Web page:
Official Amateur Radio Page

Steven' My official Amateur Radio Page

Amateur Radio

Amateur radio, also known as ham radio, is the use of radiofrequency spectrum for purposes of non-commercial exchange of messages, wireless experimentation, self-training, private recreation, radiosport, contesting, and emergency communication. The term “amateur” is used to specify “a duly authorized person interested in radioelectric practice with a purely personal aim and without pecuniary interest;”[1] (either direct monetary or another similar reward) and to differentiate it from commercial broadcasting, public safety (such as police and fire), or professional two-way radio services (such as maritime, aviation, taxis, etc.).

The amateur radio service (amateur service and amateur-satellite service) is established by the International Telecommunication Union (ITU) through the Radio Regulations. National governments regulate technical and operational characteristics of transmissions and issue individual stations licenses with an identifying call sign. Prospective amateur operators are tested for their understanding of key concepts in electronics and the host government’s radio regulations.

Radio amateurs use a variety of voice, text, image, and data communications modes and have access to frequency allocations throughout the RF spectrum. This enables communication across a city, region, country, continent, the world, or even into space. In many countries, amateur radio operators may also send, receive, or relay radio communications between computers or transceivers connected to secure virtual private networks on the Internet.

Amateur radio is officially represented and coordinated by the International Amateur Radio Union (IARU), which is organized in three regions and has as its members the national amateur radio societies which exist in most countries. According to an estimate made in 2011 by the American Radio Relay League, two million people throughout the world are regularly involved with amateur radio.[2] About 830,000 amateur radio stations are located in IARU Region 2 (the Americas) followed by IARU Region 3 (South and East Asia and the Pacific Ocean) with about 750,000 stations. A significantly smaller number, about 400,000, is located in IARU Region 1 (Europe, Middle East, CIS, Africa).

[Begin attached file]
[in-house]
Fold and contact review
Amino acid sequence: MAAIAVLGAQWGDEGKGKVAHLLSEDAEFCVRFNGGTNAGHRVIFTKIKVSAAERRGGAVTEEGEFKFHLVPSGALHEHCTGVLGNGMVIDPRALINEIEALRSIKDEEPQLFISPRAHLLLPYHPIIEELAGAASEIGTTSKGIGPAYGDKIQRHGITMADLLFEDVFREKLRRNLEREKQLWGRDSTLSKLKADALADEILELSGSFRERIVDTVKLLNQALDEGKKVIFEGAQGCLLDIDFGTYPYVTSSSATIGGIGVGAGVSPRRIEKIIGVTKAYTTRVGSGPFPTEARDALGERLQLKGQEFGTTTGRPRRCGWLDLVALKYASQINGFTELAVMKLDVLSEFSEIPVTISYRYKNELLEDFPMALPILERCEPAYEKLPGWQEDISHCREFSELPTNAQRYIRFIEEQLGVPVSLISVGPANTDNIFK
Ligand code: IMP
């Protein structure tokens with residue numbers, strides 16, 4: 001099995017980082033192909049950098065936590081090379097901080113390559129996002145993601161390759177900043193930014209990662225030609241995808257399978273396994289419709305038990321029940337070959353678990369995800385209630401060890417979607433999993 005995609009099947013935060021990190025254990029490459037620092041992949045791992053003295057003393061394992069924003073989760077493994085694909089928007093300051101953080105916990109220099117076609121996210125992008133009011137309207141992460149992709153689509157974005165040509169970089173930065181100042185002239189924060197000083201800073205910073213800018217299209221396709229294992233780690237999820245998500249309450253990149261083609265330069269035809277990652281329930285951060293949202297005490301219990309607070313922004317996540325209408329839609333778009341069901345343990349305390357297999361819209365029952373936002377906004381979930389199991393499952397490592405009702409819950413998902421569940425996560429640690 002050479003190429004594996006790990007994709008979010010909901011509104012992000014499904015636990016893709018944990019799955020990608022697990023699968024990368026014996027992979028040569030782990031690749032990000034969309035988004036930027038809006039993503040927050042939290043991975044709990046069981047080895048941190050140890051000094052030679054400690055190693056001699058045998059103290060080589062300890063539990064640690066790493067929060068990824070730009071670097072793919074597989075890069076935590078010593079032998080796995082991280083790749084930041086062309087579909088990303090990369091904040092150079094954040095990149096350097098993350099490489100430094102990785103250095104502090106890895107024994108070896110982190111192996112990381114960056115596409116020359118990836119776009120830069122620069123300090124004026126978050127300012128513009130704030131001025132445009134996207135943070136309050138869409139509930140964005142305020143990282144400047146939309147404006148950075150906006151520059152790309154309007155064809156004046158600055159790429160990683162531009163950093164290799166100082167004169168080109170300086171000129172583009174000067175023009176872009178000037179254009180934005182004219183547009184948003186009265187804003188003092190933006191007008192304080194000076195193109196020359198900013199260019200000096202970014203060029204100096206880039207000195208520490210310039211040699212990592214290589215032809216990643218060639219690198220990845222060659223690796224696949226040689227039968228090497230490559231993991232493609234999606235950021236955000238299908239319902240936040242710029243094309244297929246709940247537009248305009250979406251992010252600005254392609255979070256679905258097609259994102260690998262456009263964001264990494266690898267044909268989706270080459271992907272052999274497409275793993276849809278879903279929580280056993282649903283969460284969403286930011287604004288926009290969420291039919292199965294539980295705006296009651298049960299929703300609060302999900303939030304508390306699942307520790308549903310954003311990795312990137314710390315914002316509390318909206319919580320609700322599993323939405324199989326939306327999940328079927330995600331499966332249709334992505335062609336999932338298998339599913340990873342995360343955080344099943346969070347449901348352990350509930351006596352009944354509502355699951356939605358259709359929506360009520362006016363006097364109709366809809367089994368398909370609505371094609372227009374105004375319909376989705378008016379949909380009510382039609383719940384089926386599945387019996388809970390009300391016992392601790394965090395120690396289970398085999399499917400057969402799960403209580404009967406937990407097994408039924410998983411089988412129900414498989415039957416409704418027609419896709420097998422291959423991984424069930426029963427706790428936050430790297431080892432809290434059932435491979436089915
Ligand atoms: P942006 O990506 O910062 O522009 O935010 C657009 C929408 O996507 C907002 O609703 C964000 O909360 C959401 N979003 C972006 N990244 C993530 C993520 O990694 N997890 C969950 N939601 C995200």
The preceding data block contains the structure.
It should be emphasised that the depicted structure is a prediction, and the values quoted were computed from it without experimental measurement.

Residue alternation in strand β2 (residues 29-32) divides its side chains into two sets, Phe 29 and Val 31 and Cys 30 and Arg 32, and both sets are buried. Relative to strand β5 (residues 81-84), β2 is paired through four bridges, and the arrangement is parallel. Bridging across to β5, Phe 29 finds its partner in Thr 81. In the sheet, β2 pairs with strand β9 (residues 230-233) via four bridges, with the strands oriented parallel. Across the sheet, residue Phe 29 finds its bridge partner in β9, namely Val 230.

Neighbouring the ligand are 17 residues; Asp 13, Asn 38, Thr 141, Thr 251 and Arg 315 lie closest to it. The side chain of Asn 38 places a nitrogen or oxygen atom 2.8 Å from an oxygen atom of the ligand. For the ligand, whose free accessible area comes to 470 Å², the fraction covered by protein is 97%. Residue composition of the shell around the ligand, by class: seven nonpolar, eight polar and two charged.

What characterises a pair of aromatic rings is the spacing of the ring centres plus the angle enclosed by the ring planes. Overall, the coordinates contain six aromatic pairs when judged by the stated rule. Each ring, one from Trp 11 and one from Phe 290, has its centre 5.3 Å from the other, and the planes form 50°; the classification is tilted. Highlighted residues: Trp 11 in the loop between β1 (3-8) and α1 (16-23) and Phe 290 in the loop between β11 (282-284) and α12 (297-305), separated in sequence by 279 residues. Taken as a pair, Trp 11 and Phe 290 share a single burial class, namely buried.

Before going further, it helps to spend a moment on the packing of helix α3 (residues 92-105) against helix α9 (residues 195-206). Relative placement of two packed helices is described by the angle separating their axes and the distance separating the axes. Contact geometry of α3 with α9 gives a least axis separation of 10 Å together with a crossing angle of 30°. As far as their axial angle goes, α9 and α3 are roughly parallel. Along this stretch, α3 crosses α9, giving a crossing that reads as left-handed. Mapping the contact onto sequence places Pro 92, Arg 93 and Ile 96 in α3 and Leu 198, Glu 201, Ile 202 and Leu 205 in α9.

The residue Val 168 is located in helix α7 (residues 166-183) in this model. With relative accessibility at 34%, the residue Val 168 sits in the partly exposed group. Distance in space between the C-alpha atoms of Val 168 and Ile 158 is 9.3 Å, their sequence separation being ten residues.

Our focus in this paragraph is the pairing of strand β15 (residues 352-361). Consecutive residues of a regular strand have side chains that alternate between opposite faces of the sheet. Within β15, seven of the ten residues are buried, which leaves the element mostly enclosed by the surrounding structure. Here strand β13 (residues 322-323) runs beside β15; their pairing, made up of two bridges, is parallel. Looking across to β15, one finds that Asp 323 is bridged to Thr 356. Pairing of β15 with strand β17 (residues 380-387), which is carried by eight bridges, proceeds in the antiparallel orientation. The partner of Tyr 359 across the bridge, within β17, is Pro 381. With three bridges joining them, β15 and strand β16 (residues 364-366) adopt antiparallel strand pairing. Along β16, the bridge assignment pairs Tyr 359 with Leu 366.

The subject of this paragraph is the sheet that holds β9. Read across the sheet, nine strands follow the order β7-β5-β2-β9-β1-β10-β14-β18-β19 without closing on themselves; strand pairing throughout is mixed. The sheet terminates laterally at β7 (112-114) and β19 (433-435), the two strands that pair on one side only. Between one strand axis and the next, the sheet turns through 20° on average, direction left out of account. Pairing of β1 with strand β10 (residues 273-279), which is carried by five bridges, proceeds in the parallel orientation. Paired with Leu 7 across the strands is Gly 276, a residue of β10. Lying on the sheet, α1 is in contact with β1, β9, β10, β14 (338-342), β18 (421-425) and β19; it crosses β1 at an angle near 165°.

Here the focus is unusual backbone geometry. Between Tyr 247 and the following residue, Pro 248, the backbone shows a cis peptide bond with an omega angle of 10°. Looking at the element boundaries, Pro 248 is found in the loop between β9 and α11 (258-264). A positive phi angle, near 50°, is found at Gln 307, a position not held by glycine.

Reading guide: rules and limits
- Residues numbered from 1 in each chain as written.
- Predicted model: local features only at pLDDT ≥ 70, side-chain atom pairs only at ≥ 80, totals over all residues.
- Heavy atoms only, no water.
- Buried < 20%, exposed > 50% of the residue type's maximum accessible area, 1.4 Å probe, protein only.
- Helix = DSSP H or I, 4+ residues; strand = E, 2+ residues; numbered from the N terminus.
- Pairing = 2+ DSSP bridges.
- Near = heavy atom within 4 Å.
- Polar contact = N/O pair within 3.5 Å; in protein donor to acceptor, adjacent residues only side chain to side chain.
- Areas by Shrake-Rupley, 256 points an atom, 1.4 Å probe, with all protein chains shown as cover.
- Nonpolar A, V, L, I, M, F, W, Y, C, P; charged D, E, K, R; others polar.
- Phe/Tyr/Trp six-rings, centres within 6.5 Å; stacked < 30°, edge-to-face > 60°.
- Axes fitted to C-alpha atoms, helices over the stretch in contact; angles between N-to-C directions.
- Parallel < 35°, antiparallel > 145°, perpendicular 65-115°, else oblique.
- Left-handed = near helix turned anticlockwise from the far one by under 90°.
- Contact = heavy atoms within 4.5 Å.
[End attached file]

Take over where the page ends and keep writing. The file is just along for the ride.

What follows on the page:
for more info Check out this short Amateur radio video

My Radio History

  1. Member of Western Massachusetts React Team#4961
  2. Formerly President/Founder Pioneer Valley React team #6049
  3. GMRS operator call KAF9314
  4. Former Volunteer Broadcast Radio Disc Jockey WTCC Fm 90.7fm (@ Springfield Technical Community College)
  5. Member of Boston Amateur Radio Club (11/2019)

Contact Me At: Email: Steven Provost

My Amateur Radio Call Sign- (Coming soon!)

!Steven’s  Link Page

  1. The History of Amateur Radio
  2. ARRL.ORG (The American Radio Relay League, ARRL)
  3. ARRL CallSign Lookup
  4. Radio Operator FCC User Profile and FRN Registration (video)
  5. FCC A new Commission Registration System (CORES)
  6. The Federal Communications Commission
  7. The Boston Amateur Radio Club (Membership 11/2019)
  9. Eastern Massachusetts ARES
  11. (Membership 10/2019)
  14. US Amateur Radio Bands
  15. The Hurricane Watch Net
  16. New England Repeater Directory (NERD)
  17. Ham Radio Outlet
  18. Marconi and the South Wellfleet Wireless
  19. where is the international Space station (ISS tracker)
  20. (amateur radio practice site)
  21. Amateur Radio on
  22. Skywarn on Twitter
  24. NOAA’s National Weather Service (NWS) Skywarn Page
  25. Harvard University Wireless Club
  26. REACT International, Inc. (REACT)
  27. Massachusetts Emergency Management Agency
  28. The Salvation Army Emergency Disaster Services (Massachusetts)
  29. National Voluntary Organizations Active in Disaster (National VOAD)
  30. Massachusetts Voluntary Organizations Active in Disaster
  31. The American Red Cross of Massachusetts disaster services

More Links Coming Soon !


last updated  March 28,2020